Book ’em! BookCourt grows • Brooklyn Paper

Book ’em! BookCourt grows

Mom and pop shop: Henry Zook, Zack Zook, and Mary Gannett out the back of the store in 2007 before one of their many expansions.

A hot spot for the bookish is growing up — and out.

In a bid to increase its nighttime appeal, BookCourt is adding a new café and backyard garden to the rear of its 163 Court St. shop, creating a stage for readings and more space for bookworms to mingle.

“Over the last few years, more single people have moved to the neighborhood and we want to bring them in at night,” said Henry Zook, who opened the store with co-owner Mary Gannett in 1981 and now runs it with Gannett and their 23-year-old son, Zack.

The elder Zook said that they have not ruled out eventually obtaining a license to serve beer and wine at the new café — an addition that would help the store compete with literary nightspots like the KGB Bar in Manhattan or Pete’s Candy Store in Williamsburg. He credits his son for coming up with that idea.

“He knows more about what young people going out do,” he explained.

Zack Zook — an easygoing, mop-topped storekeeper who grew up in an apartment above the store and can now often be found discussing recent reads over a cigarette on a wooden bench in front of the building — credits BookCourt’s “sophisticated and brilliant” customers for its continued growth, which comes at a time when many similar, independent book shops are struggling to survive.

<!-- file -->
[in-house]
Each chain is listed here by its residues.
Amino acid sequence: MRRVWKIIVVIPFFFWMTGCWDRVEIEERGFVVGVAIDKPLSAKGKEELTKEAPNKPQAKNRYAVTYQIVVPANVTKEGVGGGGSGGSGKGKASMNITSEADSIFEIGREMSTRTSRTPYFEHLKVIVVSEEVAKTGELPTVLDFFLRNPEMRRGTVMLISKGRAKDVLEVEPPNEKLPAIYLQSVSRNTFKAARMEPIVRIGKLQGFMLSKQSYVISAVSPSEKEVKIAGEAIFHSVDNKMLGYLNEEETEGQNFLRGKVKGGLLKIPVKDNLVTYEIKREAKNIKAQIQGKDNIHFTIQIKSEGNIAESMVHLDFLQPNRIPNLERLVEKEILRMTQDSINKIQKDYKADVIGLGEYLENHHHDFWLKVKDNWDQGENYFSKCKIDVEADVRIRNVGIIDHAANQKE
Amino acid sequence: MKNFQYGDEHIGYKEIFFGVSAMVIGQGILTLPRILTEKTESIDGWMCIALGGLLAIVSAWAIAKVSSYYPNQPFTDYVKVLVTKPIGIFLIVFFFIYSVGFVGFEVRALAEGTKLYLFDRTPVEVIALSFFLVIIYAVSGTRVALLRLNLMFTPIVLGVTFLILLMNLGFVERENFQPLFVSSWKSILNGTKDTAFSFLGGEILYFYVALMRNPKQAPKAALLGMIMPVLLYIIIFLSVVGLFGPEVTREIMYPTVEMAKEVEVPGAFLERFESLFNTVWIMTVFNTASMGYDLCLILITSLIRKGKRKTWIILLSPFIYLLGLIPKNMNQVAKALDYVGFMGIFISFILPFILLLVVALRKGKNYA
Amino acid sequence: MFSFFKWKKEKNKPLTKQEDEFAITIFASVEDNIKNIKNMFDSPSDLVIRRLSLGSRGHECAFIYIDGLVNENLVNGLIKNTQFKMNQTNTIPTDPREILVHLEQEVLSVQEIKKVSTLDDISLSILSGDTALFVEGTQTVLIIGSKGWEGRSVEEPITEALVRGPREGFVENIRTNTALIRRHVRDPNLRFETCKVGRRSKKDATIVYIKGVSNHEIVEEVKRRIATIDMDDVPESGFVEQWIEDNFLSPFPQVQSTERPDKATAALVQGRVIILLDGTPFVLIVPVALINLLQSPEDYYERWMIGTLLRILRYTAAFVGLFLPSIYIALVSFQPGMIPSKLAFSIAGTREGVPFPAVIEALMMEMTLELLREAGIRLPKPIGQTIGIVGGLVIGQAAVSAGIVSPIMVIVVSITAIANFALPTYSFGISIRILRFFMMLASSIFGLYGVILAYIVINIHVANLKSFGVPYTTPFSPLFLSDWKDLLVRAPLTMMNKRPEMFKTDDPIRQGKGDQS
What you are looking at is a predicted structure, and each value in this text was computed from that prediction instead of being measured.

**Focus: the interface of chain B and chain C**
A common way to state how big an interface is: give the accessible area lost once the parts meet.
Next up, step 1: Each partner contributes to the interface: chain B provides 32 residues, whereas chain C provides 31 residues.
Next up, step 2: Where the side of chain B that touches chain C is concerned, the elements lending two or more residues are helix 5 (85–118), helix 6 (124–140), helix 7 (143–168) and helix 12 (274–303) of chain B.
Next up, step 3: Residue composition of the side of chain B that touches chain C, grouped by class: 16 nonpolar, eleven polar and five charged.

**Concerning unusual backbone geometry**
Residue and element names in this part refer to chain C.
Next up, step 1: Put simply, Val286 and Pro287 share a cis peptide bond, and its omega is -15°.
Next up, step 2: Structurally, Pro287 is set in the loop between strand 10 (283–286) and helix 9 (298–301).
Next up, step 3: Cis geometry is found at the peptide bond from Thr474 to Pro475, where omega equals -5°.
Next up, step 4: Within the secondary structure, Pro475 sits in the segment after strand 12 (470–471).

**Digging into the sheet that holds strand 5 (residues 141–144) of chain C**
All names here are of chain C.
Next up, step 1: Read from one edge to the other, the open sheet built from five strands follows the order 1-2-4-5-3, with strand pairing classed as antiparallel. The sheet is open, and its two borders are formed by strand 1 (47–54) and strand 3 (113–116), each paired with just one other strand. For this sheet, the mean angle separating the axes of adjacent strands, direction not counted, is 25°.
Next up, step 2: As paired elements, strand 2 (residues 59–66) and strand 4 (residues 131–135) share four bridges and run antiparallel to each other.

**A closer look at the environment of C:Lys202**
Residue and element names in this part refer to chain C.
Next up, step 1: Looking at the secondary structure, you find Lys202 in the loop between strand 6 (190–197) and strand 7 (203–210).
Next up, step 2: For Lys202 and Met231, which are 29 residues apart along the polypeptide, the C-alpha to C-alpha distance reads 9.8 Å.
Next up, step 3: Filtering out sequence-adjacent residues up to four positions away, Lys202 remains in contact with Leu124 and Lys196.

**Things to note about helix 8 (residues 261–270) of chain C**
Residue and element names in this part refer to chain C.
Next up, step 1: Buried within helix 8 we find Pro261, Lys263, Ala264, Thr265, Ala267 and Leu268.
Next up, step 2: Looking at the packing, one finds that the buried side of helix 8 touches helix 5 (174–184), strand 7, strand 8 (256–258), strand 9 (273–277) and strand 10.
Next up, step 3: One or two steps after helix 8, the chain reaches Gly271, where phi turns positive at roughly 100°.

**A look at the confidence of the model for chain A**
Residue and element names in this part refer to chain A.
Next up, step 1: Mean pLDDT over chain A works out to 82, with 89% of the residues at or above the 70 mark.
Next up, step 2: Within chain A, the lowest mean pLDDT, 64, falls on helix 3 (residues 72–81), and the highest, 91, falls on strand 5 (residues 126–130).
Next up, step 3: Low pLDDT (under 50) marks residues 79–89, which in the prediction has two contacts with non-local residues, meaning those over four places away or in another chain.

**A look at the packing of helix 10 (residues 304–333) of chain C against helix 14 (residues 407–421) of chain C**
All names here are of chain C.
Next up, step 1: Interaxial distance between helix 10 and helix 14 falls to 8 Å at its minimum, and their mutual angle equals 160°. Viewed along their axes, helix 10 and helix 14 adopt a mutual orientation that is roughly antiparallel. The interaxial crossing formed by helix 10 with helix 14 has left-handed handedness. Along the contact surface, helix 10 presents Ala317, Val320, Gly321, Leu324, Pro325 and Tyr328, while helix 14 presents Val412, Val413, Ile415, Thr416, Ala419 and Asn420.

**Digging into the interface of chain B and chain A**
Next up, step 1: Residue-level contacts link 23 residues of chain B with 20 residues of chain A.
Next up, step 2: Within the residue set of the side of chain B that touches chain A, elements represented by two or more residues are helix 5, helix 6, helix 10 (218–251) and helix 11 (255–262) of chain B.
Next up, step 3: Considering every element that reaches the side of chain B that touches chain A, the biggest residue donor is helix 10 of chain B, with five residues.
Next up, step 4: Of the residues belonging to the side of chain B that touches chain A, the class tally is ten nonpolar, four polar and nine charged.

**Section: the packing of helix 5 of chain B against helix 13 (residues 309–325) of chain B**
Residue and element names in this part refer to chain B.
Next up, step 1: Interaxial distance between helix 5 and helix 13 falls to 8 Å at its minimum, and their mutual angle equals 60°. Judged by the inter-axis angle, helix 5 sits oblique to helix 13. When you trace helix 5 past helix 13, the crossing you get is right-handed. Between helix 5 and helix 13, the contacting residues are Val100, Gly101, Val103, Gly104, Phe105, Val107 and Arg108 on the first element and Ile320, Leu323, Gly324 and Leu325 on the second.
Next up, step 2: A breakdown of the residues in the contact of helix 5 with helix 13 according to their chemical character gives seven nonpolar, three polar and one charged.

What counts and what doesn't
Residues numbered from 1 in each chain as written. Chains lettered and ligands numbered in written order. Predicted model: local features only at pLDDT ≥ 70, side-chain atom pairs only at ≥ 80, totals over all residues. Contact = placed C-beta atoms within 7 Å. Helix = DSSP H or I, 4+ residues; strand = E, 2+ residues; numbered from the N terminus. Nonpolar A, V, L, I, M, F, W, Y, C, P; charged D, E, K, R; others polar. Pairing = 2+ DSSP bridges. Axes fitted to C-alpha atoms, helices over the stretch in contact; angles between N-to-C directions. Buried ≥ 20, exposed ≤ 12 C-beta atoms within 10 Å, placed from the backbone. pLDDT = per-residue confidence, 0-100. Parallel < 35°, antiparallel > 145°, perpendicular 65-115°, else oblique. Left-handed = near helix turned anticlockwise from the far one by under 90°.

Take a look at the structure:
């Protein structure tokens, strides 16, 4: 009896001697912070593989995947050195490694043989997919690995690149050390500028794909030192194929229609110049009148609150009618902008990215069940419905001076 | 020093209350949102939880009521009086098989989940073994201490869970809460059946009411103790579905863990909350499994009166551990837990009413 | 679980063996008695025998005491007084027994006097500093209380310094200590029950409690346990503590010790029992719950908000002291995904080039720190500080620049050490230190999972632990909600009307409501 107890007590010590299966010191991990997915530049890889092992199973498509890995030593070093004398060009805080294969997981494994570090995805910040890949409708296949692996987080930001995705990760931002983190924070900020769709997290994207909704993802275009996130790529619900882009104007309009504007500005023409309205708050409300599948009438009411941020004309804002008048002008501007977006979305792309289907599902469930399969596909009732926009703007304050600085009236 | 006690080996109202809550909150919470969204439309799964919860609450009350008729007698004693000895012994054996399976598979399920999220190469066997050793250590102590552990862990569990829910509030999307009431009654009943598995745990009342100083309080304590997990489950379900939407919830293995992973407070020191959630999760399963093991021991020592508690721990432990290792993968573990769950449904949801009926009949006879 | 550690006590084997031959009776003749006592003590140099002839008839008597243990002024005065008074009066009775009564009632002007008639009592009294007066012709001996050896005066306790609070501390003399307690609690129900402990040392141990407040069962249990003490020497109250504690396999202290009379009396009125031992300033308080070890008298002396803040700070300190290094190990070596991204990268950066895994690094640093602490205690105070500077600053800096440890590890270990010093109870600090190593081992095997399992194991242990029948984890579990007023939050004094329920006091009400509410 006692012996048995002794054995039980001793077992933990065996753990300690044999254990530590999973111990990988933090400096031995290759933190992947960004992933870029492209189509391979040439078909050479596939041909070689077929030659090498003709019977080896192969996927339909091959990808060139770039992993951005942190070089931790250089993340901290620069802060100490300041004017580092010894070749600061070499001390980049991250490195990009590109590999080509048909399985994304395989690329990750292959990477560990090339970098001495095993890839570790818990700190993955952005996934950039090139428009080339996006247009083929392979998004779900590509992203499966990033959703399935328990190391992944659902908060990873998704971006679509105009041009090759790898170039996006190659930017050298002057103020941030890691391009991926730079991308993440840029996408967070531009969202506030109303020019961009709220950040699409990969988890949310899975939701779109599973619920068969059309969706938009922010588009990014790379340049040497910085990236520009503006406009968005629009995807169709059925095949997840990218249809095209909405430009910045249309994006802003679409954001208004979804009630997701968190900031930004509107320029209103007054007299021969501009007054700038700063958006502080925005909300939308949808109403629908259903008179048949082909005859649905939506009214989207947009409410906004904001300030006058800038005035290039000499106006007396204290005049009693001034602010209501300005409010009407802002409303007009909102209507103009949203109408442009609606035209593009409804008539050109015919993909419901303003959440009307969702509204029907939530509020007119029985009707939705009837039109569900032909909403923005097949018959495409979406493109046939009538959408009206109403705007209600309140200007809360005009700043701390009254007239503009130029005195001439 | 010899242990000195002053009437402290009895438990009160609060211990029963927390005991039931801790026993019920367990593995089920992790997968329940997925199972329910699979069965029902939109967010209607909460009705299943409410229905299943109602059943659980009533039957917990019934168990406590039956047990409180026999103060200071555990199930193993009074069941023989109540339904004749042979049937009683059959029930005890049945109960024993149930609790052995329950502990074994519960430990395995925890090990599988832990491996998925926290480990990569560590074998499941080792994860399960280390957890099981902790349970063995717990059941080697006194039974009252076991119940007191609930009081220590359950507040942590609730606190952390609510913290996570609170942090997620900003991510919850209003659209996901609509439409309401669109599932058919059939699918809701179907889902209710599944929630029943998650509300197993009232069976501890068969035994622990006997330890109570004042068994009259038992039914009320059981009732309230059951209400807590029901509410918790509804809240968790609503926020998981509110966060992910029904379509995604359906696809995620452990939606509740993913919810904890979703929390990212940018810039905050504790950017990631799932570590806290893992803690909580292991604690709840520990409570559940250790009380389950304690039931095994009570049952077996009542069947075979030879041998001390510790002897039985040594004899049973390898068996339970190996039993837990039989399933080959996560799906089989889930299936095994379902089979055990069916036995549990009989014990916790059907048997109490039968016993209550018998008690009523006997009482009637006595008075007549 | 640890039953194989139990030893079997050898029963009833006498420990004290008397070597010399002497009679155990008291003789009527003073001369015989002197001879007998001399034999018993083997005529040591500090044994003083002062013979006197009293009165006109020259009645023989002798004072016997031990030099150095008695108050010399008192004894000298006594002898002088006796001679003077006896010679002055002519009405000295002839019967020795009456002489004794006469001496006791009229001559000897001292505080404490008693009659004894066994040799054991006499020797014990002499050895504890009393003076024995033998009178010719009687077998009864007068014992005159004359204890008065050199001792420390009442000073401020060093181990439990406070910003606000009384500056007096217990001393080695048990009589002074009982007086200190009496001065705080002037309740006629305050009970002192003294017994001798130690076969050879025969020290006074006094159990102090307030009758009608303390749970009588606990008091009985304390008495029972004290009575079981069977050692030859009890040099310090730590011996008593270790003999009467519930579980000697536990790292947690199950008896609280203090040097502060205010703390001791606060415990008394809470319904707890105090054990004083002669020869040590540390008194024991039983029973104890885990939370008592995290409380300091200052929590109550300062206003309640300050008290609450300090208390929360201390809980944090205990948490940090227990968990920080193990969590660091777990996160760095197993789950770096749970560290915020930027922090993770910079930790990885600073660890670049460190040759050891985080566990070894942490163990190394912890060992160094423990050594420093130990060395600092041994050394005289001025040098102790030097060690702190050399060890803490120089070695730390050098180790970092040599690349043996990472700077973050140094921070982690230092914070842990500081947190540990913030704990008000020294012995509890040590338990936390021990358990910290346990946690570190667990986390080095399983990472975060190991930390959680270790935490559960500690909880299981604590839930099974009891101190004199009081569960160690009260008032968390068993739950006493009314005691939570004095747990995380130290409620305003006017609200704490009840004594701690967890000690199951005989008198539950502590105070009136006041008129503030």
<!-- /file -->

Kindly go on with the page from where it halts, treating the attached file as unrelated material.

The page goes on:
“We are in touch with what people want to read, in a way that we couldn’t be without so many authors and writers around to talk to and keep up with,” he said.

One of those authors is Jonathan Ames, a novelist and the author of “I Love You More than You Know,” a book of essays published last year.

Ames already regards the bookstore as a hot nighttime spot.

“It’s sort of my equivalent of a favorite watering hole, especially since I don’t have a favorite watering hole.” he said.

Another local writer, Jonathan Lethem, chose the store last year as the exclusive sales location for a book of photographs and essays about Brooklyn called “Patchwork Planet.”

The one-story addition will be built behind the store in a yard once occupied by a greenhouse that was torn down in June. Zack Zook, who calls the store a “third parent,” said he expects the new addition to be complete in September with the café opening soon after.

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